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e-CFR data is current as of September 17, 2020

Title 49Subtitle APart 6 → Subpart A


Title 49: Transportation
PART 6—IMPLEMENTATION OF EQUAL ACCESS TO JUSTICE ACT IN AGENCY PROCEEDINGS


Subpart A—General Provisions


Contents
§6.1   Purpose of these rules.
§6.3   Applicability.
§6.5   Proceedings covered.
§6.7   Eligibility of applications.
§6.9   Standards for awards.
§6.11   Allowable fees and expenses.
§6.13   Delegations of authority.

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§6.1   Purpose of these rules.

The Equal Access to Justice Act, 5 U.S.C. 504 (called “the Act” in this part), provides for the award of attorney fees and other expenses to eligible individuals and entities who are parties to certain administrative proceedings (called “adversary adjudications”) before government agencies, such as the Department of Transportation or any of its operating administrations. The rules in this part describe the parties eligible for awards and the proceedings that are covered. They also explain how to apply for awards, and the procedures and standards that this agency will use to make them. The use of the term “Department”, in this rule, will be understood to mean the Department of Transportation or any of its operating administrations, unless otherwise specified. The term “agency counsel” will be understood to mean counsel for the Department of Transportation or any of its operating administrations.

[48 FR 1070, Jan. 10, 1983, as amended at 62 FR 19233, Apr. 21, 1997]

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§6.3   Applicability.

Section 6.9(a) applies to any adversary adjudication pending before the Department on or after October 1, 1981. In addition, applicants for awards must also meet the standards of §6.9(b) for any adversary adjudication commenced on or after March 29, 1996.

[62 FR 19233, Apr. 21, 1997]

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§6.5   Proceedings covered.

(a) The Act applies to adversarial adjudications conducted by the Department of Transportation. These are adjudications under 5 U.S.C. 554 in which the position of the Department is represented by an attorney or other representative who enters an appearance and participates in the proceeding. Coverage of the Act begins at designation of a proceeding or issuance of a charge sheet. Any proceeding in which the Department may prescribe or establish a lawful present or future rate is not covered by the Act. Proceedings to grant or renew licenses are also excluded, but proceedings to modify, suspend, or revoke licenses are covered if they are otherwise “adversary adjudications.” For the Department of Transportation, the types of proceedings covered include, but may not be limited to: National Highway Traffic Safety Administration (NHTSA) automotive fuel economy enforcement under 49 CFR part 511; Federal Motor Carrier Safety Administration (FMCSA) enforcement of motor carrier safety regulations under 49 CFR 386; and the Department's aviation economic enforcement proceedings conducted by its Office of Aviation Enforcement and Proceedings pursuant to 14 CFR Chapter II. Also covered is any hearing conducted under Chapter 38 of title 31 of the U.S. Code or the Religious Freedom Restoration Act of 1993 (42 U.S.C. 2000bb et seq.).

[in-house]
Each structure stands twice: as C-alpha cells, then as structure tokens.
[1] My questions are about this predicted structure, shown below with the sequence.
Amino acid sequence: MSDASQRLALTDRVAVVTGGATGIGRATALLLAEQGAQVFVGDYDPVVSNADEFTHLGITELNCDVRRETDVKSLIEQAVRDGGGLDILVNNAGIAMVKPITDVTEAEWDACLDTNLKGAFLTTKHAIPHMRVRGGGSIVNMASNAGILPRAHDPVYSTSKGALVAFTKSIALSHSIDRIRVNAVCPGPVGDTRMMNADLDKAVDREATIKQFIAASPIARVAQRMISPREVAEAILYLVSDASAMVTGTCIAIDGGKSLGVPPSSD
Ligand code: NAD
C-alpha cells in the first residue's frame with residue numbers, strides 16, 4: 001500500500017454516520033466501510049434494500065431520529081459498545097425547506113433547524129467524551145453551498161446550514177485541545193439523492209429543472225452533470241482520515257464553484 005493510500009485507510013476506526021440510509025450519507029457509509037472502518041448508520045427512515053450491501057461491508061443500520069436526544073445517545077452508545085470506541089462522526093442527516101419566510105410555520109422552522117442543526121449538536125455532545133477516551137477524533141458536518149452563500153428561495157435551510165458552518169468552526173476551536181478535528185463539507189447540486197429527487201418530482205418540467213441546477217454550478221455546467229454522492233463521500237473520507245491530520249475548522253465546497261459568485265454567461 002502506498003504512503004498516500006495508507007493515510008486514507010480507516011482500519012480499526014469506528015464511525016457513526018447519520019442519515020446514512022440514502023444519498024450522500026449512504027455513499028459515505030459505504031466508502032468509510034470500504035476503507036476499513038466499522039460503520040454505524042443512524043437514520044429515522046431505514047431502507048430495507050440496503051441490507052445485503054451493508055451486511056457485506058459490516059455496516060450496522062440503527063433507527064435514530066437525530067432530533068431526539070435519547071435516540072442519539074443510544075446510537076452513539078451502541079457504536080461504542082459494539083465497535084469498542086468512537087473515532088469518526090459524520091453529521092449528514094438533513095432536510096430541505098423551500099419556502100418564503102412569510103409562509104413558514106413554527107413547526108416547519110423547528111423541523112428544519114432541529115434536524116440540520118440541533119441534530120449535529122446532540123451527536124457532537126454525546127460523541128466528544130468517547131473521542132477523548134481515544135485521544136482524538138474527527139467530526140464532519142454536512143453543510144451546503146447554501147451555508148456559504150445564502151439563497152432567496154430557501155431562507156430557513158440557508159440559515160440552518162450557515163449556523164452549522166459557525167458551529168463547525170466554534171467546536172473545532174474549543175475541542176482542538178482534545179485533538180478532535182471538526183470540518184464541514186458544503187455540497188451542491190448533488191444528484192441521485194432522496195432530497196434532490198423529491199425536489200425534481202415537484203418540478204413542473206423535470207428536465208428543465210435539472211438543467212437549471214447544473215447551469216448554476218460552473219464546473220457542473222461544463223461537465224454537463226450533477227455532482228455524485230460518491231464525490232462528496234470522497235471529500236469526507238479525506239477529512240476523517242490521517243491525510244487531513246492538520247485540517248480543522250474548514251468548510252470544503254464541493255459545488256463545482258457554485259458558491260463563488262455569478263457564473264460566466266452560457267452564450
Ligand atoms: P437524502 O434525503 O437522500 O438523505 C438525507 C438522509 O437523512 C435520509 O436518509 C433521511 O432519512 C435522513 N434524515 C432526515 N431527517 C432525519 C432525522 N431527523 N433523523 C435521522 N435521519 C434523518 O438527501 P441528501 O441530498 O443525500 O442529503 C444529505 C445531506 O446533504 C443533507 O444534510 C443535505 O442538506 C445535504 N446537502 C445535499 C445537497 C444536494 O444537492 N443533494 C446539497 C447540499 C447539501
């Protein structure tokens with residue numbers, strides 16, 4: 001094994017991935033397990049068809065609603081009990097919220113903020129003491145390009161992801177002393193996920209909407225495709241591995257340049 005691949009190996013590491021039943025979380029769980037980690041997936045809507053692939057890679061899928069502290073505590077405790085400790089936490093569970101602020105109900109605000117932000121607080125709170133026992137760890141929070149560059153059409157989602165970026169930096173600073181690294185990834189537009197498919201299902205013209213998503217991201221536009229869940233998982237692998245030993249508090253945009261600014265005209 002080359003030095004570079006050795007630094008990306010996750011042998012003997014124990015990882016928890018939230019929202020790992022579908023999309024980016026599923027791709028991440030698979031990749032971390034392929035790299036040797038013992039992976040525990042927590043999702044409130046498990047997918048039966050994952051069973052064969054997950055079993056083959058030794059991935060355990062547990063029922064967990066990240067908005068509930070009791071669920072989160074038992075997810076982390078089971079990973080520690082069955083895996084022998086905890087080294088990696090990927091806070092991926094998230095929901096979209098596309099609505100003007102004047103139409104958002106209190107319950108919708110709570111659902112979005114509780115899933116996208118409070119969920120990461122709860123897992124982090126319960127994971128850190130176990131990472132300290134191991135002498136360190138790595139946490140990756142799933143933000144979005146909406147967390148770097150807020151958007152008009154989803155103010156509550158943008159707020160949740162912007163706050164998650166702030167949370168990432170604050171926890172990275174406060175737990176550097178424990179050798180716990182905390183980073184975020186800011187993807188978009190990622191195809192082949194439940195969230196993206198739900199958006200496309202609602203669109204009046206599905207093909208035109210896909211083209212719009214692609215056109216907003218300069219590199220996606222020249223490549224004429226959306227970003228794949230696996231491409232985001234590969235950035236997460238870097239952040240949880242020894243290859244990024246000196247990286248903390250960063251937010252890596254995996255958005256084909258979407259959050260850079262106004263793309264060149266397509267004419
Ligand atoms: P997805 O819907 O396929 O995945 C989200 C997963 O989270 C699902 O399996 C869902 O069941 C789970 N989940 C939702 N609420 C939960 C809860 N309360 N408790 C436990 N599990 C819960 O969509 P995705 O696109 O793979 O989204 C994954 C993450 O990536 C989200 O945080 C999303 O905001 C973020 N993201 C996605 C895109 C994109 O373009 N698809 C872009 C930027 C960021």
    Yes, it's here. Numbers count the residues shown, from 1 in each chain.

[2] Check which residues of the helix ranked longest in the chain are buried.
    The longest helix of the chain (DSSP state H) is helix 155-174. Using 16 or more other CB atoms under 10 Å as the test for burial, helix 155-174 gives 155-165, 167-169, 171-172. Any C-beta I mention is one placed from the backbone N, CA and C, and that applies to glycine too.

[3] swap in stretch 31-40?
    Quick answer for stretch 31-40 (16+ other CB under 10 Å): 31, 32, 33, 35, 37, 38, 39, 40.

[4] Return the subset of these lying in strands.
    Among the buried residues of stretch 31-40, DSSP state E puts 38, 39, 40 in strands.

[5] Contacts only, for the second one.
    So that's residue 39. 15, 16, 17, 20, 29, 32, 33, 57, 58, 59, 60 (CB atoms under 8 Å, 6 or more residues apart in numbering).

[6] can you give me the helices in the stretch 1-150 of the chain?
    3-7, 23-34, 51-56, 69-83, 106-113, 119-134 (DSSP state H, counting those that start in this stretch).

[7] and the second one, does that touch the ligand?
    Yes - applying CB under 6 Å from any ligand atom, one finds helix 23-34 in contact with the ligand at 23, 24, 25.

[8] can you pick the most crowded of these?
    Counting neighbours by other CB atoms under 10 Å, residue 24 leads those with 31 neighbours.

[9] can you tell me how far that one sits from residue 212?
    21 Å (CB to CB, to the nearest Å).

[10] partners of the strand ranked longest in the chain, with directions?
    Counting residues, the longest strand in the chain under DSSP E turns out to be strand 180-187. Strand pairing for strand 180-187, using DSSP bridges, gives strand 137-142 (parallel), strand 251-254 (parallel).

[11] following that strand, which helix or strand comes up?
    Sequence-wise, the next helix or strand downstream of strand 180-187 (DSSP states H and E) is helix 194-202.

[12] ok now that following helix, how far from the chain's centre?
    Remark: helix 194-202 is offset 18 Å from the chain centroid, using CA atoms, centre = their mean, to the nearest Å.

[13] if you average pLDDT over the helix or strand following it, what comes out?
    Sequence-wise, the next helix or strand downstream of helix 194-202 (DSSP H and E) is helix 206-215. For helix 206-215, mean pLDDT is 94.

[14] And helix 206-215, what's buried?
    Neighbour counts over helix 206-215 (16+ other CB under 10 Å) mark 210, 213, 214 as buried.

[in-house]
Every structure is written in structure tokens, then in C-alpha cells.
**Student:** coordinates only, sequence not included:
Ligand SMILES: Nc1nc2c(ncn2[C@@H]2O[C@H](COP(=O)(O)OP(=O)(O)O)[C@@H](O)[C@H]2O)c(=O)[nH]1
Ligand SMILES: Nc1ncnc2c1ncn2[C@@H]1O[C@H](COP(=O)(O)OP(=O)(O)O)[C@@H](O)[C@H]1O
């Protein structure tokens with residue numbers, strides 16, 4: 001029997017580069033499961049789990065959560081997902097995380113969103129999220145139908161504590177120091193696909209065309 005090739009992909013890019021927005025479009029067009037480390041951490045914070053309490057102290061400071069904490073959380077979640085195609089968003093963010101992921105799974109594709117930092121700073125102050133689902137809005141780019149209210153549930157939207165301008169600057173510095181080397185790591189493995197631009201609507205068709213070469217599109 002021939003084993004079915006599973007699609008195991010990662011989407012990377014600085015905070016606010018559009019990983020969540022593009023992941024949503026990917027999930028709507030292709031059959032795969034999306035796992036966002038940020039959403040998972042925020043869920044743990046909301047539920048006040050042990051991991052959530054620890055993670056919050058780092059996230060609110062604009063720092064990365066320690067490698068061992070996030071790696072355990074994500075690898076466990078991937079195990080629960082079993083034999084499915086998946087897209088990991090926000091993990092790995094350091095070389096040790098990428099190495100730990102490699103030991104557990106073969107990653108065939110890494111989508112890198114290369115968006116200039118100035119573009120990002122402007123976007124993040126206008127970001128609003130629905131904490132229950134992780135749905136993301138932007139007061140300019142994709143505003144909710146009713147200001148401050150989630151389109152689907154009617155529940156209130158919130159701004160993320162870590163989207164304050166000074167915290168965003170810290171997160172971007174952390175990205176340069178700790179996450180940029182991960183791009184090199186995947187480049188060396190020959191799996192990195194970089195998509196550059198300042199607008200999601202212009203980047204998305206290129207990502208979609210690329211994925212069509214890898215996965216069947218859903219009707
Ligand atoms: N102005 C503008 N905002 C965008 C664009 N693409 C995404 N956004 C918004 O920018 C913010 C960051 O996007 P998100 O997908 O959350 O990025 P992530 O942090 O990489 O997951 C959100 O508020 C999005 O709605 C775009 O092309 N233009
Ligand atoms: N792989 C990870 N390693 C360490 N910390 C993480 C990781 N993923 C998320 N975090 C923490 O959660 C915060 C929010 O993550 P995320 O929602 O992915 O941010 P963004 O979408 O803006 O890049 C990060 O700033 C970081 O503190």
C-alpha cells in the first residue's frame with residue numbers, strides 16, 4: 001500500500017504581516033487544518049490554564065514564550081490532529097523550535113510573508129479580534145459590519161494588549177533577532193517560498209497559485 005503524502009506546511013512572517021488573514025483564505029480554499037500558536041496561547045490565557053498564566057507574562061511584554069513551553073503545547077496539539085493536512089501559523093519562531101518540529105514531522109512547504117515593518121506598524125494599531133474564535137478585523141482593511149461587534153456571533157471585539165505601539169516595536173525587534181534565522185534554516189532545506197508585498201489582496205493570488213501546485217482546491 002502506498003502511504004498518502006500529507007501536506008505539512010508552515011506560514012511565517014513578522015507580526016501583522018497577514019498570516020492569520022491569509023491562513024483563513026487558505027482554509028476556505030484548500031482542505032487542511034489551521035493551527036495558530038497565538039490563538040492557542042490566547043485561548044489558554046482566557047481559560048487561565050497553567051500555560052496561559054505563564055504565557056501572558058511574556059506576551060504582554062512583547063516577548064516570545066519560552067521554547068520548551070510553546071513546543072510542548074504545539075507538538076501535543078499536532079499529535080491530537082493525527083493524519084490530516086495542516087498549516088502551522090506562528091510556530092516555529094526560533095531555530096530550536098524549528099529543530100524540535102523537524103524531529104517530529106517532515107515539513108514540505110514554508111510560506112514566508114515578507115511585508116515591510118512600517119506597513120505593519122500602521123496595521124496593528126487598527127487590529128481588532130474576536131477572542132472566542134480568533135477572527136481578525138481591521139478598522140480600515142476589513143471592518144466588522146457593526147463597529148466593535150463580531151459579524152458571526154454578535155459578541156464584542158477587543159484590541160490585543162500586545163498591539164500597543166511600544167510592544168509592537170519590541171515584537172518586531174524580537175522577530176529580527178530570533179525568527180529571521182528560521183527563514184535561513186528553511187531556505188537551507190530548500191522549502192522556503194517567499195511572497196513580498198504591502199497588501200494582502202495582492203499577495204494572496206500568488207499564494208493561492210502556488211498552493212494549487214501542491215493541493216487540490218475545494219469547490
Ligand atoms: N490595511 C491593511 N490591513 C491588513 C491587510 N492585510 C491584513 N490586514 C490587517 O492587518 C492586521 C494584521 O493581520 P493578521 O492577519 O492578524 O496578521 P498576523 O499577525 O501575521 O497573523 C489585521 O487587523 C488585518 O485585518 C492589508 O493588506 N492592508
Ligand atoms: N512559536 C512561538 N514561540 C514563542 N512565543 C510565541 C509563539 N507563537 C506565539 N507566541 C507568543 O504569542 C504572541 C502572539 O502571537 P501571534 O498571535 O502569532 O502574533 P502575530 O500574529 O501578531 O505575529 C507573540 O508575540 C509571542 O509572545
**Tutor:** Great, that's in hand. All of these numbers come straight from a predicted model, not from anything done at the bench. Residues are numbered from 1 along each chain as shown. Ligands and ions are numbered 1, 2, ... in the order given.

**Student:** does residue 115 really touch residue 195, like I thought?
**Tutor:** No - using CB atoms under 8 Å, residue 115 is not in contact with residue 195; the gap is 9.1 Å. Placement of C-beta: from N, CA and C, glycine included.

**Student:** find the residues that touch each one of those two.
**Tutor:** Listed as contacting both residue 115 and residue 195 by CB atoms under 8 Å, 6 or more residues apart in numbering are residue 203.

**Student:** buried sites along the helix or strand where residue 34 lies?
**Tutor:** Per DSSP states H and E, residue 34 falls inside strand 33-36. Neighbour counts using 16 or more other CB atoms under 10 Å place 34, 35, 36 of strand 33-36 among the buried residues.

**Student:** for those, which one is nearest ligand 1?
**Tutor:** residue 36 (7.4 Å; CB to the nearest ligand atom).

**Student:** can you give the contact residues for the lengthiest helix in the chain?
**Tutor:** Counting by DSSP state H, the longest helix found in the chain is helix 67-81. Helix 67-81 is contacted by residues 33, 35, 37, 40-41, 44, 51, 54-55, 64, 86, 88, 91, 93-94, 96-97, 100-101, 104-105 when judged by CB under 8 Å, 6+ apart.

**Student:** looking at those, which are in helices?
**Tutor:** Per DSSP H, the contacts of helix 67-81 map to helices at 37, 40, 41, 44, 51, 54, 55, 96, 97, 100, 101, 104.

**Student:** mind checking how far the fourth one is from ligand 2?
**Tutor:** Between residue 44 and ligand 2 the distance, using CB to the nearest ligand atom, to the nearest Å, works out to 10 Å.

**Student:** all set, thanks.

(b) If a proceeding includes both matters covered by the Act and matters specifically excluded from coverage, any award made will include only fees and expenses related to covered issues.

[48 FR 1070, Jan. 10, 1983, as amended at 62 FR 19233, Apr. 21, 1997; 81 FR 71385, Oct. 17, 2016]

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§6.7   Eligibility of applications.

(a) To be eligible for an award of attorney fees and other expenses under the Act, the applicant must be a party to an adversary adjudication for which it seeks an award. The term “party” is defined in 5 U.S.C. 504(b)(1)(B). The applicant must show that it meets all conditions of eligibility set out in this subpart and in paragraph (b) of this section.

(b) The types of eligible applicants are as follows:

(1) An individual with a net worth of not more than $2 million;

(2) The sole owner of an unincorporated business who has a net worth of not more than $7 million, including both personal and business interests, and not more than 500 employees.

(3) A charitable or other tax-exempt organization as described in section 501(c)(3) of the Internal Revenue Code (26 U.S.C. 501(c)(3)) with not more than 500 employees;

(4) A cooperative association as defined in section 15(a) of the Agricultural Marketing Act (12 U.S.C. 1141j(a)) with a net worth of not more than $5 million and not more than 500 employees.

(5) Any other partnership, corporation, association, or public or private organization with a net worth of not more than $7 million and not more than 500 employees.

(6) For the purposes of §6.9(b), eligible applicants include small entities as defined in 5 U.S.C. 601.

(c) For the purpose of eligibility, the net worth and number of employees of an applicant shall be determined as of the date the proceeding was designated.

(d) An applicant who owns an unincorporated business will be considered an “individual” rather than a “sole owner of an unincorporated business” if the issues on which the applicant prevails are related primarily to personal interests rather than to business interests.

(e) The number of employees of an applicant includes all persons who regularly perform services for remuneration for the applicant, under the applicant's direction and control. Part-time employees shall be included on a proportional basis.